Fundraiser for slain Detroit cop ends early after scammer tried to bilk donors out of money

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DETROIT, MI – Either this swindler is especially stupid or he (or she) is brazen.

Let’s go with stupid. And disrespectful.

Someone has been trying to take advantage of the kindness of people who contributed money to help the family of slain Detroit police officer Loren Courts.

 

The organizer of a memorial foundation raising money to help the Courts family had to warn donors to beware of the scam.

The Collin Rose Memorial Foundation, named for the Wayne State University Police K9 officer who was gunned down in 2016, launched a Loren Courts Memorial Fundraiser on social media after Courts was killed July 6 in an ambush.

Rose’s former partner, foundation organizer and St. Clair Shores police officer Chris Powell, said someone cloned the group’s Instagram account. Powell explained what the scammer is doing:

“They’re emailing people who made a donation on our platform thanking them, and if they respond, they’re running the typical Amazon gift card scam.”

That scam involves a criminal asking the recipient to purchase Amazon gift cards and then give the criminal the serial numbers from the cards.

Powell said he doesn’t think anyone had fallen for the hoax before he shut down the fundraiser. He added:

“We learned about it (Tuesday) and called it out pretty quick and ended the fundraiser. It was going to expire anyway, but we just ended it 12 hours earlier to be safe.”

Powell said people may still donate to the Courts family through the foundation’s website at www.collinrosememorial.org. 

The scam is being investigated, Powell said. He noted:

“It just seems foolish — we’re all active-duty police officers.”

Between the social media campaign, selling Challenge Coins and other fundraising efforts, Powell said his foundation has raised close to $25,000 for the Courts family.

 

The fallen Detroit officer’s wife, Kristine Courts, told Fox 2 News that she cannot imagine how she and her children will go on without their father and husband.

She said in a Facebook post that she and her two children “will never be the same.” She wrote:

“He was an amazing dad, my best friend, and the man I married. All the news articles talk about is a DPD officer. He was so much more to me and the kids. Our Batman!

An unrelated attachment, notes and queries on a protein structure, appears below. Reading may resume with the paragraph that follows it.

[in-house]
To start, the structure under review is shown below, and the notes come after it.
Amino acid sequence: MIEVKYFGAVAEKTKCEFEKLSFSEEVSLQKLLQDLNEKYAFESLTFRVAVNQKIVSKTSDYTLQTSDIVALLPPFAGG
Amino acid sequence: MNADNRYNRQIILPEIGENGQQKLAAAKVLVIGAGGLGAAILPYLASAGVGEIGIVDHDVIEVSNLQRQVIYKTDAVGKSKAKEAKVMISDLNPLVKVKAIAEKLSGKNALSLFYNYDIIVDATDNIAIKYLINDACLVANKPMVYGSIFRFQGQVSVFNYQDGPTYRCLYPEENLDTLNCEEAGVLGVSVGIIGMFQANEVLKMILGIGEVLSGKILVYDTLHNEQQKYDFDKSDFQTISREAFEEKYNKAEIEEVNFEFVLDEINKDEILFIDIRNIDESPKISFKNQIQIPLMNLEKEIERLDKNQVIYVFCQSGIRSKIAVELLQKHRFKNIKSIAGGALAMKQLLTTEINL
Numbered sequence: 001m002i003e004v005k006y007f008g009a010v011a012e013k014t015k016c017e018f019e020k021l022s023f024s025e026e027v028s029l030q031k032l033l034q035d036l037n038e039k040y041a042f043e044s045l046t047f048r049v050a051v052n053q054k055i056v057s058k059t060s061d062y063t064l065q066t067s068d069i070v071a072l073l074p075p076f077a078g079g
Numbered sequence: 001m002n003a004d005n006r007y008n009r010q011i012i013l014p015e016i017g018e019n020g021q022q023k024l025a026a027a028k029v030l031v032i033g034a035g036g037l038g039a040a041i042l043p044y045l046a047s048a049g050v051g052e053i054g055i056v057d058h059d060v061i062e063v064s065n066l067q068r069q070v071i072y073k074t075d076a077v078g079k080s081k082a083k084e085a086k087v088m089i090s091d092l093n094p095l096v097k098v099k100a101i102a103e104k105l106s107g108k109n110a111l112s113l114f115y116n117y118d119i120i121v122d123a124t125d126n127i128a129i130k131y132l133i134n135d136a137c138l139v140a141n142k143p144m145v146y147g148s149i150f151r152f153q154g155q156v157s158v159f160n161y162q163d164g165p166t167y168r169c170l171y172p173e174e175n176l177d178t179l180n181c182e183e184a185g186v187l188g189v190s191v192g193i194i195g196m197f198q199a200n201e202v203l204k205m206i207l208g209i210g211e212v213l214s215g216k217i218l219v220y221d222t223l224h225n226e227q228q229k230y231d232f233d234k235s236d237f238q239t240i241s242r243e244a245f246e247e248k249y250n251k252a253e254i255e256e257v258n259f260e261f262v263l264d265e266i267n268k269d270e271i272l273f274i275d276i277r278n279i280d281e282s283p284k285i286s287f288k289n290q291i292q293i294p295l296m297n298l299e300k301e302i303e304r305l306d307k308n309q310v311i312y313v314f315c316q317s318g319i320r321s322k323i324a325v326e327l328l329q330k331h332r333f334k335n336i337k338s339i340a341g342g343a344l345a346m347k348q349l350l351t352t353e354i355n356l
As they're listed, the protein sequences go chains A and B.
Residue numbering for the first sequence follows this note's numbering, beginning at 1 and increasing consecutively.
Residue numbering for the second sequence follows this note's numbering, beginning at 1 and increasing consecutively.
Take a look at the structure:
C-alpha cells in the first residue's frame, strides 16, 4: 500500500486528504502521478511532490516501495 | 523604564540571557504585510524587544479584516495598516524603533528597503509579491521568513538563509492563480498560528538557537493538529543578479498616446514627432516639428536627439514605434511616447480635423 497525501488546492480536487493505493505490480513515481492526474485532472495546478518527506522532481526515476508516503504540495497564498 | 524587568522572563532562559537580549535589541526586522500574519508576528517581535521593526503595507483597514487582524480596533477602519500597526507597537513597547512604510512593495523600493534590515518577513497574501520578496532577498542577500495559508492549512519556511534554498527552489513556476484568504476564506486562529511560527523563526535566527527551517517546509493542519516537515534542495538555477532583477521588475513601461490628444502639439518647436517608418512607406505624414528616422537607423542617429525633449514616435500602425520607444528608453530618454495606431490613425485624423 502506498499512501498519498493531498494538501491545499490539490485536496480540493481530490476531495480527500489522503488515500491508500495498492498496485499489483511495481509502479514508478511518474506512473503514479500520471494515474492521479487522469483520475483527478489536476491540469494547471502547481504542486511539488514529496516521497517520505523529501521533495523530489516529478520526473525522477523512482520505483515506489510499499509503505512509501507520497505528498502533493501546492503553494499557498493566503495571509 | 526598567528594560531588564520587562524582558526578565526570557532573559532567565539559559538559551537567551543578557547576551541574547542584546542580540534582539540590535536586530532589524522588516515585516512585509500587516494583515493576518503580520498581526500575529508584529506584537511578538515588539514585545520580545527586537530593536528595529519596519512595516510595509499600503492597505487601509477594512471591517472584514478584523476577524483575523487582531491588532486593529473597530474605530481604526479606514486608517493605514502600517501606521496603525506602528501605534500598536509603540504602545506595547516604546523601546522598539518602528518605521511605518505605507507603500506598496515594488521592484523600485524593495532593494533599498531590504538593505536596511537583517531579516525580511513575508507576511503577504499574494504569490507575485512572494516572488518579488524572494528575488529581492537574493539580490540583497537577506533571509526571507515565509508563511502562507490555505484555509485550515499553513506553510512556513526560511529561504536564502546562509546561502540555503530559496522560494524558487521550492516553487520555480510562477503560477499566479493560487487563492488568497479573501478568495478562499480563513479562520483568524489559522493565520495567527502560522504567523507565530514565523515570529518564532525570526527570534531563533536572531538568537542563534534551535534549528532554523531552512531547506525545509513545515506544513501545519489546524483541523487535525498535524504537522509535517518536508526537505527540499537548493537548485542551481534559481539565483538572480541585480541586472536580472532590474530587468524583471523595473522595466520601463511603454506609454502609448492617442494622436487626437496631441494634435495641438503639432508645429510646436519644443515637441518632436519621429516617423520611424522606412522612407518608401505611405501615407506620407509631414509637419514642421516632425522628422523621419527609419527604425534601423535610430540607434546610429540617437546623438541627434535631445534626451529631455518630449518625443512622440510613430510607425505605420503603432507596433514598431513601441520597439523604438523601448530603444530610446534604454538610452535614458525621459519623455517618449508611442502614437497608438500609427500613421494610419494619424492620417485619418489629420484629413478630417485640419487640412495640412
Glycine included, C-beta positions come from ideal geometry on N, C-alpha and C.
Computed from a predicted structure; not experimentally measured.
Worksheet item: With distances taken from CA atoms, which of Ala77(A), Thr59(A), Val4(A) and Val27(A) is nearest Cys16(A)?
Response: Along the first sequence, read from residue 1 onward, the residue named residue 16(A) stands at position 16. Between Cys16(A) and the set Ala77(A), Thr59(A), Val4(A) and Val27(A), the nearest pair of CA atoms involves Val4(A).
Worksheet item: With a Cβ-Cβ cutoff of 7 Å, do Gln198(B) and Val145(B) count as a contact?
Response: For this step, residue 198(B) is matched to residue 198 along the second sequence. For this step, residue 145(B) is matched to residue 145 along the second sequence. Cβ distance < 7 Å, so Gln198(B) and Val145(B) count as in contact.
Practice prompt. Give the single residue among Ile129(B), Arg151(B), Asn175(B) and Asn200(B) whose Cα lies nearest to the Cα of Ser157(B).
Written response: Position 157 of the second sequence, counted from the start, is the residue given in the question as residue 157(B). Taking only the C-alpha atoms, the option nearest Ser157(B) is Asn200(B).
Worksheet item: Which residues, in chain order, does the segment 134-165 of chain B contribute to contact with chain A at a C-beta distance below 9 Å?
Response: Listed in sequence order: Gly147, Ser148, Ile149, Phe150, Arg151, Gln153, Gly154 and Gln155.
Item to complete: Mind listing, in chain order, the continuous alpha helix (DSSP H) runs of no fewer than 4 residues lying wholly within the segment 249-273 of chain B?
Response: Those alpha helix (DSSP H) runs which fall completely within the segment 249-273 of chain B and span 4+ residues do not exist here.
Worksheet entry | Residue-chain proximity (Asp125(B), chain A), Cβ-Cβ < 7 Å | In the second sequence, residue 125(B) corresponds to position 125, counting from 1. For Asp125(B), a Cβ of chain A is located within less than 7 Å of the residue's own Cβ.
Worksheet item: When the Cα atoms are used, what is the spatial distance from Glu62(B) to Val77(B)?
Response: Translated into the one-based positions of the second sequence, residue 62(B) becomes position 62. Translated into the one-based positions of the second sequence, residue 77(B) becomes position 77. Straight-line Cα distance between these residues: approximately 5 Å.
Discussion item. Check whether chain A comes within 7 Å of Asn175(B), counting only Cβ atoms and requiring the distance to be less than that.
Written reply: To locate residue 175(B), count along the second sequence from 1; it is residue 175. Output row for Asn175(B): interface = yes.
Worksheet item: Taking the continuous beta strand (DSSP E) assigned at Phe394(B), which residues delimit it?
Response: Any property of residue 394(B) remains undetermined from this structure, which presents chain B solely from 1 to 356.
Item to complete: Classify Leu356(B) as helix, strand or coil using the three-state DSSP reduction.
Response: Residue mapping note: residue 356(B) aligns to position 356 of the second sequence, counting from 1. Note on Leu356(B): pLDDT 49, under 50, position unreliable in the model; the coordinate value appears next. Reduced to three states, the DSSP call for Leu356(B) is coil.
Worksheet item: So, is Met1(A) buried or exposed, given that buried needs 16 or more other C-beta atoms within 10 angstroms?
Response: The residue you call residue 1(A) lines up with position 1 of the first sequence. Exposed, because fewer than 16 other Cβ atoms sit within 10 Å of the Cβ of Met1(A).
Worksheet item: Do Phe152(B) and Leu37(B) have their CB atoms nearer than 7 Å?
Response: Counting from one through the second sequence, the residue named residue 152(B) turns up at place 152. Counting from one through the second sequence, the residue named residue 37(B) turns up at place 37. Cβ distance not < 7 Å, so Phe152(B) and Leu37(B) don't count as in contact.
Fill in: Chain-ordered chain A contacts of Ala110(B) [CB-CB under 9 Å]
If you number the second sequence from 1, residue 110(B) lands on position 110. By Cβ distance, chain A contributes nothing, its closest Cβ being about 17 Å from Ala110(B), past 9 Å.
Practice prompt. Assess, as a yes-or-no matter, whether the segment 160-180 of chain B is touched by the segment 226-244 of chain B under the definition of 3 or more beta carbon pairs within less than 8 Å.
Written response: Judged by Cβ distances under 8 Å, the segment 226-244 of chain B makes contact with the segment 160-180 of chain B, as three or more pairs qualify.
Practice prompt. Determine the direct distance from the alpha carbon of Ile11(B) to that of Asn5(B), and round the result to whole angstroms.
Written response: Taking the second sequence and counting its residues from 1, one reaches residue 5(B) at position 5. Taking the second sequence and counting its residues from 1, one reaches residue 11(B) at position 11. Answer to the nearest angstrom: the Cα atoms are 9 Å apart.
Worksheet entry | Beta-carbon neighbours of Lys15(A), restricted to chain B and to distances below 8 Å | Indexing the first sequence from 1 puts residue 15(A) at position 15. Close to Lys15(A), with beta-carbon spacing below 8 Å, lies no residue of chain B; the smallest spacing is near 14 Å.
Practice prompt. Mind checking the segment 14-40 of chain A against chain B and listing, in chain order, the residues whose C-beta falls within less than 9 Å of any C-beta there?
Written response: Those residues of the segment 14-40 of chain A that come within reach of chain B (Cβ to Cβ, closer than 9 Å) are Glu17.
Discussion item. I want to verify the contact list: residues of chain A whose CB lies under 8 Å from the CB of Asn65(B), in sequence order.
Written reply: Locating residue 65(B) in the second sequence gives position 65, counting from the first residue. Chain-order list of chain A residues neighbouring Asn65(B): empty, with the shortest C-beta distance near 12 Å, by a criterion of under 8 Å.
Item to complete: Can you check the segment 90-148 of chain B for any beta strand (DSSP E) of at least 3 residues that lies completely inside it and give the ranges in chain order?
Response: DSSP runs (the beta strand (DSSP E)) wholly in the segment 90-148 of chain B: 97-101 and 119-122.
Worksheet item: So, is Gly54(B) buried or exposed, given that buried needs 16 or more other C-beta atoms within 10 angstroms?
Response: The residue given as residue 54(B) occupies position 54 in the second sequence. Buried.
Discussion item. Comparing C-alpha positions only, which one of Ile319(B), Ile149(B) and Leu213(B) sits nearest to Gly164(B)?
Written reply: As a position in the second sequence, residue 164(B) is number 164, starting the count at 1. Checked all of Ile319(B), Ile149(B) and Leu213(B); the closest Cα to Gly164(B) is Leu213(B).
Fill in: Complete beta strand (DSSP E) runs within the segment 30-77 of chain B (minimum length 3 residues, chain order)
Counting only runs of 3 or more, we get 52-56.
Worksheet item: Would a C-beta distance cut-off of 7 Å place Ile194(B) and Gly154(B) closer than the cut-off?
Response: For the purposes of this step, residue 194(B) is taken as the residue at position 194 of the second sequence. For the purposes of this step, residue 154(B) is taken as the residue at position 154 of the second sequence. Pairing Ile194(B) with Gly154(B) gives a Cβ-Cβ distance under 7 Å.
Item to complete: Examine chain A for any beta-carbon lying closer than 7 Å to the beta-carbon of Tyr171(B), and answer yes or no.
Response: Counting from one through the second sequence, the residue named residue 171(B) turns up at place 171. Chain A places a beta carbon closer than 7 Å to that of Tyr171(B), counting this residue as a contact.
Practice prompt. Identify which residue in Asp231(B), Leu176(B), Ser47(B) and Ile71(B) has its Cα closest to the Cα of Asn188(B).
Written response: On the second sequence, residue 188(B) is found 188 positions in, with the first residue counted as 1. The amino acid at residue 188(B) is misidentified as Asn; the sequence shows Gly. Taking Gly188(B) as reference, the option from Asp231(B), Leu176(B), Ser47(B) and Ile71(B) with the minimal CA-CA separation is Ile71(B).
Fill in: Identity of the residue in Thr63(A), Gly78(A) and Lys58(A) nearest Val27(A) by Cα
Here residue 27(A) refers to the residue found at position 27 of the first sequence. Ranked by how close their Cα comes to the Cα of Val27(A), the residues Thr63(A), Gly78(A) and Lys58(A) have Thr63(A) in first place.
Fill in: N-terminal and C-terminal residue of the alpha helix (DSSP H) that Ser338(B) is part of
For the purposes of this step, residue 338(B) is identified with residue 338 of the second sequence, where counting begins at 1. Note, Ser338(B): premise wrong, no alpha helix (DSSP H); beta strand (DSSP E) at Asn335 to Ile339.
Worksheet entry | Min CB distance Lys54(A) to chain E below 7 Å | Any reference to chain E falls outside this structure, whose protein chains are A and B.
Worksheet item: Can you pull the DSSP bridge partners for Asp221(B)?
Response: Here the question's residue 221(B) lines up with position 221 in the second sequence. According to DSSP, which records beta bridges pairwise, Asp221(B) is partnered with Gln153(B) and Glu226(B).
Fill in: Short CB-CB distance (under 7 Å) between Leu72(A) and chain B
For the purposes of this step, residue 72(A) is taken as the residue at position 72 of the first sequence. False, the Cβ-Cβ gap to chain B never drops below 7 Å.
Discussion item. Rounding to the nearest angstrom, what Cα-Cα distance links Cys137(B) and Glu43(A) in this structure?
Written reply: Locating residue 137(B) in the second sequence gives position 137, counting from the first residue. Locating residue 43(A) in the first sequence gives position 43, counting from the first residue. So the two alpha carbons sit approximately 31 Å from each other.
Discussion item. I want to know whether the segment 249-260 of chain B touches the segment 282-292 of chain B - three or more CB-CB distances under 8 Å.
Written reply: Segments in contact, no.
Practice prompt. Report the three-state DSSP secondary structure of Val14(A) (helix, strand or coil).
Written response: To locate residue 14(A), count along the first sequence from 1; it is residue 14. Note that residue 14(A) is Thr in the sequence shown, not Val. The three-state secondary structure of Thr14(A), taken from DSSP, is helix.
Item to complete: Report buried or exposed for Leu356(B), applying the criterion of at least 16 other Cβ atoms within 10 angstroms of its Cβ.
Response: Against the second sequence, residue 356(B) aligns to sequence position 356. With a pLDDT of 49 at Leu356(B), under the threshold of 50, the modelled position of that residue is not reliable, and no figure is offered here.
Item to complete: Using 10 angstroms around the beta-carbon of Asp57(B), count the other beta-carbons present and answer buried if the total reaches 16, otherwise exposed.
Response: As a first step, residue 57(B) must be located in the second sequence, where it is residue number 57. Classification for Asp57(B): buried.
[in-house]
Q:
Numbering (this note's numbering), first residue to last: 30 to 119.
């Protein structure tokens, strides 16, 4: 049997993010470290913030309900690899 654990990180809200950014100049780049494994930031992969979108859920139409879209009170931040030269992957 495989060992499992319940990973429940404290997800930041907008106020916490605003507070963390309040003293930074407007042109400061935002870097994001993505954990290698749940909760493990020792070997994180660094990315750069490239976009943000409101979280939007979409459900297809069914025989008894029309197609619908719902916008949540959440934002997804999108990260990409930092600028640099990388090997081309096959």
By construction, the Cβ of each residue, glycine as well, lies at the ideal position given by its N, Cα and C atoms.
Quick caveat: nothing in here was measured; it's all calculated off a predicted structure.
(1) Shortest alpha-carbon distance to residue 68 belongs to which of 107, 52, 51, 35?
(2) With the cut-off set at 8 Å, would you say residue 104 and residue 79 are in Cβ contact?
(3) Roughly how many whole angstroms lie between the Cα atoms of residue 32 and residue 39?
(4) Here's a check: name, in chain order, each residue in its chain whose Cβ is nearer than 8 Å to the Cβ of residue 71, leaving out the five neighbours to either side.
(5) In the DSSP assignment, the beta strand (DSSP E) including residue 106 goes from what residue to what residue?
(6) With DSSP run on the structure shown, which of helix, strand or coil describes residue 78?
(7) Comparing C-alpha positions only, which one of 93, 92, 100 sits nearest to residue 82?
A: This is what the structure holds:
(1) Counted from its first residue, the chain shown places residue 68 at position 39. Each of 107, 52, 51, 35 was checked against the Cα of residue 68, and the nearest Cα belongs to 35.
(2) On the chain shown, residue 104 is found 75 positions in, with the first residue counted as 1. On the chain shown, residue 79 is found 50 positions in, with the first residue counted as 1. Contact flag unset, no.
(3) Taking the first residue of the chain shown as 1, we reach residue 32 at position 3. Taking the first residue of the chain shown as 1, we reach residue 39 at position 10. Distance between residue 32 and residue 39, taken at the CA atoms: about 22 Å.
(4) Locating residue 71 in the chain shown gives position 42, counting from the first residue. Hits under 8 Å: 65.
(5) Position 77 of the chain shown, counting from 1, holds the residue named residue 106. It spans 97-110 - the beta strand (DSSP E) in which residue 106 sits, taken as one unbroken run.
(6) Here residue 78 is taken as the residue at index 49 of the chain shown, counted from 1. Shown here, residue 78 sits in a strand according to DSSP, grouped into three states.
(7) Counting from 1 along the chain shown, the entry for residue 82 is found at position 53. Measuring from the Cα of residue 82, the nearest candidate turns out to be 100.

“I can’t begin to imagine how we are going to live without him. My babies need him. I need him. I keep thinking I’m going to wake up from this nightmare and he’s going to come home.”

Detroit Police Chief James White offered his condolences during a press conference addressing the shooting, saying “this is the worst day of their life.”

Courts’ husband was a five-year veteran of the force whose father had also been a lifelong Detroit police officer before his recent retirement.

While the survivors of officers killed in the line of duty are provided benefits that include a one-time payment of between $350,000 and $425,000 through the federal Public Safety Officers’ Benefits Program, it often takes months — sometimes years — to cut through the red tape, Powell said. In the meantime, he said:

“The bills still are coming in, and the family still has to put food on the table.”

Incredibly, he said, the family of Rodney “Hot Rod” Jones, a Detroit police officer who died during a department-related motorcycle competition in 2013, only recently received the federal benefit.

About his partner’s family receiving the benefit, Powell said:

“Little things can hold it up. After Collin was shot, the doctor used fentanyl as a painkiller, and because it was in his system they initially denied his benefits. They had to go through the medical records and prove who had prescribed it to him.”

Families of slain officers also have to deal with funeral costs.

Powell said Greater Grace Temple charged the Courts family $5,000 for use of the facility for three days. He said:

“The Roses had to pay about $20,000 out of pocket for Collin’s funeral. Those costs all add up.”

The grim trend of police shootings and deaths comes as law enforcement’s morale is at one of its lowest points ever nationwide, thanks to widespread protests and lack of support from many in government.